E-2 visas are available for countries that have a significant amount of U.S. investment. They allow foreign nationals to enter the U.S. for up to two years at a time for work related to their U.S. investment, and they can be renewed for up to two additional years at a time.

While allowances for these types of visas used to be included in trade agreements, that practice ended in 2003. Since then, Congress has been required to act to put new countries on the list of those eligible for E-2 visas.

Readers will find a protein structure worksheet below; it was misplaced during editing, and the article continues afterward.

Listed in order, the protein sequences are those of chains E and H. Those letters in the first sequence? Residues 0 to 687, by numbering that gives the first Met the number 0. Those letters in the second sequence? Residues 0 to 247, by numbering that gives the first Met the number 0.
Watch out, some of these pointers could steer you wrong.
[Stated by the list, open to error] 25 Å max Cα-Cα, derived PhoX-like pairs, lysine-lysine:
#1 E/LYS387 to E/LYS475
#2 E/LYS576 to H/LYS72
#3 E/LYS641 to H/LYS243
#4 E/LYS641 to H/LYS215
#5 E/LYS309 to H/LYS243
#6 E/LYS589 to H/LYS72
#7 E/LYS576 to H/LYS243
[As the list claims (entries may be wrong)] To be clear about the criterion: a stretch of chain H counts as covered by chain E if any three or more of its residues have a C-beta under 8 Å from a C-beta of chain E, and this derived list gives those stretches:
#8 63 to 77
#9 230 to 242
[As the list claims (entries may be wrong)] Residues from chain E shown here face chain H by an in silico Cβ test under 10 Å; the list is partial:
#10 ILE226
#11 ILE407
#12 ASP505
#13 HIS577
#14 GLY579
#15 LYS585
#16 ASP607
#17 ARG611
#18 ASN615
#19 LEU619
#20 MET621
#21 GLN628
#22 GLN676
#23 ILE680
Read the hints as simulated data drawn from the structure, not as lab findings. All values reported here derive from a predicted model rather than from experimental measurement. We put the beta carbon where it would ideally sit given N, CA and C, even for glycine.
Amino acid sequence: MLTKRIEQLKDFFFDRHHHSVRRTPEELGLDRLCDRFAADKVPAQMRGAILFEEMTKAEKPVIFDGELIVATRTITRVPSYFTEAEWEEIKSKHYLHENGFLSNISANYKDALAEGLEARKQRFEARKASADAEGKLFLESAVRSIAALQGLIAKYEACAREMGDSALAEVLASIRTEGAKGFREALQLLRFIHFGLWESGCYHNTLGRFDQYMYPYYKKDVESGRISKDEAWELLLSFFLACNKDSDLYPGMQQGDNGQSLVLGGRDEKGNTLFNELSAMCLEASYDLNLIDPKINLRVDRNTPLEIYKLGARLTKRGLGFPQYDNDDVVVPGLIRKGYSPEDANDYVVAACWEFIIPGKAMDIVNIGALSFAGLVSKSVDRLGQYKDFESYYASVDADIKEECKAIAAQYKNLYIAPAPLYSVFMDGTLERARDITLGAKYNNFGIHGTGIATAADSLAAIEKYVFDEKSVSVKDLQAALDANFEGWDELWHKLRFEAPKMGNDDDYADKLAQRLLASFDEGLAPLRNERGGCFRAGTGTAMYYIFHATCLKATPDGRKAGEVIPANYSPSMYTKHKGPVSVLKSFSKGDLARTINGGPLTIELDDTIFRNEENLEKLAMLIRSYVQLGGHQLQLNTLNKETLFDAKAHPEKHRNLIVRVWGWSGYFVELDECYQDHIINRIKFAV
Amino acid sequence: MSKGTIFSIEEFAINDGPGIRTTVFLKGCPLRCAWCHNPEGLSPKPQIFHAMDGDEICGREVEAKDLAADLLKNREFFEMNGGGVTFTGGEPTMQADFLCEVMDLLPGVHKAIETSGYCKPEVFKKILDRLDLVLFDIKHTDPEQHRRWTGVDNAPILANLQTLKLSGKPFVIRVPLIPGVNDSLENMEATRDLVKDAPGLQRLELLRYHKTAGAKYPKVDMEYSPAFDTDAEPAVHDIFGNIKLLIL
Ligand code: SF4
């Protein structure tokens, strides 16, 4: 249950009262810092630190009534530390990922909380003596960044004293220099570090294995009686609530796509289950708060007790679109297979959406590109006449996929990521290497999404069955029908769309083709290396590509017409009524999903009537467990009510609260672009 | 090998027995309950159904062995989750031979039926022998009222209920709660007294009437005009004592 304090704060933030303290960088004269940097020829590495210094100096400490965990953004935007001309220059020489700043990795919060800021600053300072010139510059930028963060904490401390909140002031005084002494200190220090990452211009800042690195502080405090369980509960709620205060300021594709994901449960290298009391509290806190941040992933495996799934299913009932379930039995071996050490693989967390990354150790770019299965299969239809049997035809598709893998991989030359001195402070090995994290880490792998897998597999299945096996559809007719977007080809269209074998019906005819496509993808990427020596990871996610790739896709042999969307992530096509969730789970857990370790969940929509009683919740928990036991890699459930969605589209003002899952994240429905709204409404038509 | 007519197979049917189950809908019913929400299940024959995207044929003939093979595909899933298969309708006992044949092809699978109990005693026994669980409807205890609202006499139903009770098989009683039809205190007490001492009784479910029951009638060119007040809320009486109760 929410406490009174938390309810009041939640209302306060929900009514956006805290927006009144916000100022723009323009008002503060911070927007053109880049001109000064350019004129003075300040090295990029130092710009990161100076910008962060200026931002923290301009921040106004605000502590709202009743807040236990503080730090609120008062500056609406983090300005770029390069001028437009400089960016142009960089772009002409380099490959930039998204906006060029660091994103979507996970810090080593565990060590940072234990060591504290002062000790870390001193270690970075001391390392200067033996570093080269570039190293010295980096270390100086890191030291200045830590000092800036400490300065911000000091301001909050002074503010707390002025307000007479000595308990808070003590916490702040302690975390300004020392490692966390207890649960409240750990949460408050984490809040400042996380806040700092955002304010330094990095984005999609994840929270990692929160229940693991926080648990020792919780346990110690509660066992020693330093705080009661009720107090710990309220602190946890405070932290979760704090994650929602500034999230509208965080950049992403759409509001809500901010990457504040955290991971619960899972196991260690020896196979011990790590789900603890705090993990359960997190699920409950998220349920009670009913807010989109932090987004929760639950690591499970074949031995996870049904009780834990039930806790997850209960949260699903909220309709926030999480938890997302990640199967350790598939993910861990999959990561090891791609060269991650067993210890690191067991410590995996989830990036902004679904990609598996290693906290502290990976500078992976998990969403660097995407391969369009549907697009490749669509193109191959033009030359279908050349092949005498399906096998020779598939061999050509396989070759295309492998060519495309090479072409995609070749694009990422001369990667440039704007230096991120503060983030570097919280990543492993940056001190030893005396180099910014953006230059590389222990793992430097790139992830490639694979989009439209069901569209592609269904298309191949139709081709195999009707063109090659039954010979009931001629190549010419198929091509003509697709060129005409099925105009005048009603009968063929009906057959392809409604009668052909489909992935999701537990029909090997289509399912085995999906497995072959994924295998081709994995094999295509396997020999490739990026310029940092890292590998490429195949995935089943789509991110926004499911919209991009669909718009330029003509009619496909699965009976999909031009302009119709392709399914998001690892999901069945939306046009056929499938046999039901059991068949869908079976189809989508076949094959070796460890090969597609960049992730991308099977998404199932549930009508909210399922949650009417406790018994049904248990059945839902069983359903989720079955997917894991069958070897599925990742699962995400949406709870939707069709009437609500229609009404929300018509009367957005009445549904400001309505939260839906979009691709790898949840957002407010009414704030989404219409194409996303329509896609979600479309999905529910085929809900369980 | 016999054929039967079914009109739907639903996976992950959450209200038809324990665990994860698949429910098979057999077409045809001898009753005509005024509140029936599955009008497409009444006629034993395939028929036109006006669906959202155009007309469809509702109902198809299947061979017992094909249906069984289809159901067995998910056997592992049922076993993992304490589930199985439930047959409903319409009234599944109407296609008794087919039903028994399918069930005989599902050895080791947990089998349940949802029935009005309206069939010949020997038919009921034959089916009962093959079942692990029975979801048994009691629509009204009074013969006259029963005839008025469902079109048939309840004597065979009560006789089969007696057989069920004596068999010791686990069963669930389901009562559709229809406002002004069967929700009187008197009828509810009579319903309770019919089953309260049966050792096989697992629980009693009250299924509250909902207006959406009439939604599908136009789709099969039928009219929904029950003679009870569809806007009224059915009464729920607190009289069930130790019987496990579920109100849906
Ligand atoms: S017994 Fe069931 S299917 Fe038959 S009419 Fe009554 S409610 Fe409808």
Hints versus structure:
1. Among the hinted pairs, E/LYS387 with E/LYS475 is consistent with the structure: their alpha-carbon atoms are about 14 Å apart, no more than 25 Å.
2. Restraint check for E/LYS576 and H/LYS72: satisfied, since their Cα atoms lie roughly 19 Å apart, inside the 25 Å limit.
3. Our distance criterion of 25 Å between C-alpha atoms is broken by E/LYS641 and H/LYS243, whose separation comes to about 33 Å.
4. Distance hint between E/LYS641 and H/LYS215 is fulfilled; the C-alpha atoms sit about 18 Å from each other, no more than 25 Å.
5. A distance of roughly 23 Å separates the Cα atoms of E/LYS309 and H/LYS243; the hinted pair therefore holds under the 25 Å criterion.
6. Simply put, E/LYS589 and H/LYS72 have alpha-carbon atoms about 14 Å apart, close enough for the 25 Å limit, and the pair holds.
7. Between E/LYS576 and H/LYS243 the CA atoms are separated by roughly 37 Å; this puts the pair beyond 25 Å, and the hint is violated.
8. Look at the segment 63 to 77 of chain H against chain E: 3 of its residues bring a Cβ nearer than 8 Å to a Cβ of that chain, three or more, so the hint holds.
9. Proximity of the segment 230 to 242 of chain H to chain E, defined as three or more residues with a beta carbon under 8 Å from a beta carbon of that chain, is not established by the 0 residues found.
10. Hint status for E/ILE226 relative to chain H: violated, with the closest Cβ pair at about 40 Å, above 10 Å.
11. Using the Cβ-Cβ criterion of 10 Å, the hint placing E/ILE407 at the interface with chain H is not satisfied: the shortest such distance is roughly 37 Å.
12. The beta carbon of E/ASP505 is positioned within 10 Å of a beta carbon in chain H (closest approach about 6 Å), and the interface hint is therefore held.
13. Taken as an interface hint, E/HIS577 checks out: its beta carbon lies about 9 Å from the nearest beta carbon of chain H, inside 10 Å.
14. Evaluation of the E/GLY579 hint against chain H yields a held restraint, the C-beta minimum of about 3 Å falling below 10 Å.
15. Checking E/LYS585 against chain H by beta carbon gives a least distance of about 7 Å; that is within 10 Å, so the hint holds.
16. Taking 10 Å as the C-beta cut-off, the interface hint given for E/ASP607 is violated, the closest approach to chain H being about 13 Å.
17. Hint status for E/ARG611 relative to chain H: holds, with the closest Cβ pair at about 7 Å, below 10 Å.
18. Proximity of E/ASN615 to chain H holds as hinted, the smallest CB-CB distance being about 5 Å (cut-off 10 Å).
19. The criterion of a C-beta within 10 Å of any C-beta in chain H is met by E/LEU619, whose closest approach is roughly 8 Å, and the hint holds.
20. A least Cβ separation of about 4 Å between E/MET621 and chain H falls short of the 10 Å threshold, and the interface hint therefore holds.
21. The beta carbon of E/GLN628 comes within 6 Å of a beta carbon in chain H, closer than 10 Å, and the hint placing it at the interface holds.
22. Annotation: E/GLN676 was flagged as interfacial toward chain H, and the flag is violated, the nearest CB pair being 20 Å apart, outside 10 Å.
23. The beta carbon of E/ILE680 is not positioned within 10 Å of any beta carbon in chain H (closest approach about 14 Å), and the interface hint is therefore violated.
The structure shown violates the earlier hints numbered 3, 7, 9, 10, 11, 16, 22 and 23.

Under Berman's bill, Israeli citizens would be able to receive these visas as long as "similarly situated U.S. nationals are eligible for similar nonimmigrant status in Israel."

E-2 visas are not capped under U.S. law, nor are E-1 visas, for which Israel is already eligible. E-1 visas are given to countries that have a significant trade relationship with the United States, and allow foreign nationals to visit the United States to help manage that trade.

House Republicans are planning to vote on Berman's bill under a suspension of House rules, which will require a two-thirds majority vote.